Why Prioritizing Reading is Difficult

So I am actually really bad at getting as much reading done and I want to. No matter how much I want to read and how many awesome books there are out there I always manage to fill my minuscule amounts of free time in a different way. I get the feeling that if I asked for a show of hands there would be a lot of people agreeing that despite how much they love books, they wished they could read more.

Now if you’re expecting tips or something then sorry to disappoint because I have no idea how to fix this problem myself but I just thought I’d look at the reasons behind this problem.

 

For one thing, we’re busy people.

In the world these days you need to be doing something or you’re not being productive and efficient and all those other buzz words that are used to shame people into getting their acts together. So when our lives fill up with hours of school work or commitments to groups we’re involved in reading becomes difficult. I’m not saying school work isn’t important because I actually really enjoy school and you should all make sure you get that work done. The same goes for other commitments, obviously if you’re not enjoying them then don’t do them. But what happens where there are just too many options?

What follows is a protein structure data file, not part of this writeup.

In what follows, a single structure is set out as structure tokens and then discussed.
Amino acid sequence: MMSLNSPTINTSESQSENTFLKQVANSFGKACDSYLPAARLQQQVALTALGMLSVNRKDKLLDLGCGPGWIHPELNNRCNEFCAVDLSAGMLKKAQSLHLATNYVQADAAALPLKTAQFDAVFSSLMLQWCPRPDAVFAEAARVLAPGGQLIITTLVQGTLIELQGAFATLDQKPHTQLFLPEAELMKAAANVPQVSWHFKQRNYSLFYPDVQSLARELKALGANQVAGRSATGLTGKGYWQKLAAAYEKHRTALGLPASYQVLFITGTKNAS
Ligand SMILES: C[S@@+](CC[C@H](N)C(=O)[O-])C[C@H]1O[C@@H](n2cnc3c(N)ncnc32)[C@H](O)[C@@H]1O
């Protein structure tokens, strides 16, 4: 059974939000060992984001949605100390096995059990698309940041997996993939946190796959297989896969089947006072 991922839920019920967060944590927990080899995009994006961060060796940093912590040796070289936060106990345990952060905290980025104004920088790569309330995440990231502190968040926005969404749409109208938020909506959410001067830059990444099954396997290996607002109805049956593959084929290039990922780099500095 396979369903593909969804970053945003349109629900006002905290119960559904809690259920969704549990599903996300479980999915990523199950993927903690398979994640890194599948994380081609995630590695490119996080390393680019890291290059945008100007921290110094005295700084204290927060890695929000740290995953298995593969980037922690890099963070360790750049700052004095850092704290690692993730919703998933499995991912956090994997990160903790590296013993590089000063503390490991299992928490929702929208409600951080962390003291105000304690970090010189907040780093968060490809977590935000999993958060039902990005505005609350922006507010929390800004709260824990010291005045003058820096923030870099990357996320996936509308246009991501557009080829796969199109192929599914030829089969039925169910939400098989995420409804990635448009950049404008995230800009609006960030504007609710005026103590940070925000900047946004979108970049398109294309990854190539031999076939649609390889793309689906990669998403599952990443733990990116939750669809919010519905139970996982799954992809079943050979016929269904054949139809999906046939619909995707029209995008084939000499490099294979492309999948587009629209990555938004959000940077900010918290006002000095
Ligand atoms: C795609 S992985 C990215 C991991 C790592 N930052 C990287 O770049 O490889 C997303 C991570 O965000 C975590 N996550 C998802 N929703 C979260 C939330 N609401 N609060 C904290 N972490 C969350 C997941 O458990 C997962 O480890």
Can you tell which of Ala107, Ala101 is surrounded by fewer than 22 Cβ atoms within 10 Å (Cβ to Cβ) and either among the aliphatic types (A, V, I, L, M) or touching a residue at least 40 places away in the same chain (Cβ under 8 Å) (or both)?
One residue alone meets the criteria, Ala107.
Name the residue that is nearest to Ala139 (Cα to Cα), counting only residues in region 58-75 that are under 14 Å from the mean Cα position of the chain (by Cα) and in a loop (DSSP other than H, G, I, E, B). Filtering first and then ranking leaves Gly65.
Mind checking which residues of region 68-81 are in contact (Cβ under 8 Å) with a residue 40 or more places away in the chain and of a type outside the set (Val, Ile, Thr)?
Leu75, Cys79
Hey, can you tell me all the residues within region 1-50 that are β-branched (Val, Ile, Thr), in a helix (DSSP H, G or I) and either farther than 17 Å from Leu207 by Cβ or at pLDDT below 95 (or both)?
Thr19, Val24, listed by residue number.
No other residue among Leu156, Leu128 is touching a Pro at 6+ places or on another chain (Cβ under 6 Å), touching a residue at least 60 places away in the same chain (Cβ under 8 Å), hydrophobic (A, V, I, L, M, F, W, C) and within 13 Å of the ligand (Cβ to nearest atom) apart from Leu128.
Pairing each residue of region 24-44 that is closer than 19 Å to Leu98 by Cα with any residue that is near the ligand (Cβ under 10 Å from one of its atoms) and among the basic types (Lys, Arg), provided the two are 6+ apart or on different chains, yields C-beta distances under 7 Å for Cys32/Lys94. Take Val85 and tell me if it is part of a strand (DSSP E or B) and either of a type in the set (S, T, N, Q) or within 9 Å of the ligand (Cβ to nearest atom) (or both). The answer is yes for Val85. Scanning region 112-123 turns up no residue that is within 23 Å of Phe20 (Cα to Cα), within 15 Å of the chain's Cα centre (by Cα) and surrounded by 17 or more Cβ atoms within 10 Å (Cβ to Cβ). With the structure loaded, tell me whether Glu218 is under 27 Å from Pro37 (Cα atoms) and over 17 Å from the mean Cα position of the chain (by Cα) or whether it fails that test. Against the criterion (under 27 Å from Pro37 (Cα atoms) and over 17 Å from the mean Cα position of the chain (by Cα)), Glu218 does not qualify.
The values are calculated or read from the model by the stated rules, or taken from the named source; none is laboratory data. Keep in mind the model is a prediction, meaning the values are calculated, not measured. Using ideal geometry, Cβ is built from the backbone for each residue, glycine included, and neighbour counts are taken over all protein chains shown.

My time is split between

  • school work
  • blogging
  • reading
  • watching tv shows
  • spending time with friends

 

All of those things are things I want to be doing, and I want to be doing a lot of. However I don’t have time to do all of them. That’s where it comes time to pick.

 

First priority?

I feel like reading can’t really be my first priority. Not because I don’t love reading, because I totally do. But more because that implies that every time I get home and look at my to do list I pick reading over all those other tasks. And that just wouldn’t work.

There is always going to be more books to read so if I choose reading first then I’ll never get anything else done. This is compared to if I picked something like school work or blogging because there are certain tasks I need to do for those that once complete allow me to move on to other things.

So it’s simple right, I just have to become more efficient at doing other things so I’ll have more time to read.

Wrong.

 

It’s all a lie.

Yeah. I said it. This idea of being done with something then moving onto something else is a lie. Once I am done with the prescribed homework I can do other school stuff to consolidate my learning, and then maybe I could do some study to prepare for an upcoming test. And then… you get the point. The same goes for blogging. I can write a post, or two, or three, and then I can reply to comments. And then I can get stuck in an endless cycle of reading other blogger’s posts for inspiration and commenting on them to build my community.